Most of us will have experienced social anxiety in different scenarios. In fact, it’s unusual to never experience it in life. Being aware of inappropriate behavior in social situations helps foster social cohesion. Research published in the Australian & New Zealand Journal of Psychiatry stated that 8.4% of Australians meet the criteria for social anxiety disorder at some point in their lifetime.
However, social anxiety disorder can result when these experiences become pervasive, and enduring (i.e. generalised across most social situations for more than 6 months). This severity of distress impairs our engagement with valued activities in work, school, relationships, or other areas important to us.
Social anxiety disorder is maintained by avoidance. Avoidance can take many forms. Sometimes it is staying away from social situations. In other cases, people resort to safety behaviours to feel safe and be less ‘present’ in the social interaction. Some safety behaviours include distracting oneself, avoiding eye contact and cutting short conversations. It is understandable we’d want to avoid social situations that provoke high levels of fear.
Although avoiding makes us feel safe in the short term, in the long run it maintains distress and a level of anxiety that may be out of proportion to the actual threat posed by the social situation. We not only gradually lose the opportunity to enjoy new experiences, our isolation can cause us to feel depressed, lose skills, and ultimately erode our sense of confidence about maintaining connection.
What are some things I can do if I am having social anxiety?
To prevent the worst-case scenario from happening, a person experiencing social anxiety monitors themselves. This focuses attention on the self rather than what is happening in the moment. Unfortunately, this can paradoxically lead to more anxiety. Self-monitoring and the anxiety that goes with it is likely to reinforce social disconnection. This is because the social anxiety sufferer appears distracted or absent during the social interaction. We can learn to shift our attention from self-focused to focusing externally whilst dropping safety behaviors.
A therapist can help you to tweak an unhelpful attentional style, safety (avoidance) behaviours, and assumptions about yourself by incorporating new information that helps you update your self-image and impression of social situations. These new views can help you enjoy an otherwise interactive and connected experience with others.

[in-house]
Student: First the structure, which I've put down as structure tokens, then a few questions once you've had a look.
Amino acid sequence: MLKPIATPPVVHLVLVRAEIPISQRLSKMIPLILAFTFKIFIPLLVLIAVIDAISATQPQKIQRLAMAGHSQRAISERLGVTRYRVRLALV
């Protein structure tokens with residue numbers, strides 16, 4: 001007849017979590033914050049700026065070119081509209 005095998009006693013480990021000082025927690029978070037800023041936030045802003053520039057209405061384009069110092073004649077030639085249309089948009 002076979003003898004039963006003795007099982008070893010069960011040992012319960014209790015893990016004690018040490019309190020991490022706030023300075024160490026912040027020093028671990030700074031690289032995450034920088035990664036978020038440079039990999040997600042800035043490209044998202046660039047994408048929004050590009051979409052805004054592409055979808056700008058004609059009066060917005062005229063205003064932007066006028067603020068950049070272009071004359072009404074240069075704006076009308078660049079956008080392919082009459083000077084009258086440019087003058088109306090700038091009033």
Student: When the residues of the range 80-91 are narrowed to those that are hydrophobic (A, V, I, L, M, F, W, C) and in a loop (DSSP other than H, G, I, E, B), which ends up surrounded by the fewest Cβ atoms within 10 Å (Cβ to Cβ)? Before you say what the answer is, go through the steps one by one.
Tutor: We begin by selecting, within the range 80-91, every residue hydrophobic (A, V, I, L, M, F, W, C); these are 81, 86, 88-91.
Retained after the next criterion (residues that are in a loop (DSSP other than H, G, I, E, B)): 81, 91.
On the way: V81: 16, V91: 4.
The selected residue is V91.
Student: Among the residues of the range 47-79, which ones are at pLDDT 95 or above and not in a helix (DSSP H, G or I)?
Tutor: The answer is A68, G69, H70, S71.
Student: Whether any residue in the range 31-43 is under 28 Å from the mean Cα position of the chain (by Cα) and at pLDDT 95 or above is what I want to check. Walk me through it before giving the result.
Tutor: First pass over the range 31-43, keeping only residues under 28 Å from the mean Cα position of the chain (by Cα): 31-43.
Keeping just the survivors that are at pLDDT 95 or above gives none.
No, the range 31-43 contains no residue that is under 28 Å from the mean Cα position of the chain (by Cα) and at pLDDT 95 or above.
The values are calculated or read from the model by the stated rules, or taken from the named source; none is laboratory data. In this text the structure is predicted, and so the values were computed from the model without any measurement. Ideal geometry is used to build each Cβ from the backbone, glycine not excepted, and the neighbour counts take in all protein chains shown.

Some of the things you can do to help yourself with the guidance of a therapist include:
Behavioural experiments to test negative predictions. For example, appearing sweaty on purpose and balancing evidence for the prediction that others will notice.
Anticipatory worry and post-event rumination can also be explored through reflecting on pros and cons of rehearsing before a social event, and rumination after a social event.
At the Centre for Clinical Psychology we have a team of clinical psychologists with evidence-based training and experience helping people with social anxiety and panic. We understand how challenging it can be to live with social anxiety, and we can help you to find ways to reduce the burden of social anxiety in your life. Call us if social anxiety is interfering with your life 03 9077 0122.
Clark, D. M., Wells, A. (1995). A cognitive model of social phobia. In R. Heimberg, M. Liebowitz, D. A. Hope, & F. R. Schneier (Eds.), Social phobia: Diagnosis, assessment, and treatment. New York: Guilford Press.
Leigh E, Chiu K, Clark DM (2021) Self-focused attention and safety behaviours maintain social anxiety in adolescents: An experimental study. PLoS ONE 16(2): e0247703. https://doi.org/ 10.1371/journal.pone.0247703.
Crome E, Grove R, Baillie AJ, Sunderland M, Teesson M, Slade T. DSM-IV and DSM-5 social anxiety disorder in the Australian community. Australian & New Zealand Journal of Psychiatry. 2015;49(3):227-235. doi:10.1177/0004867414546699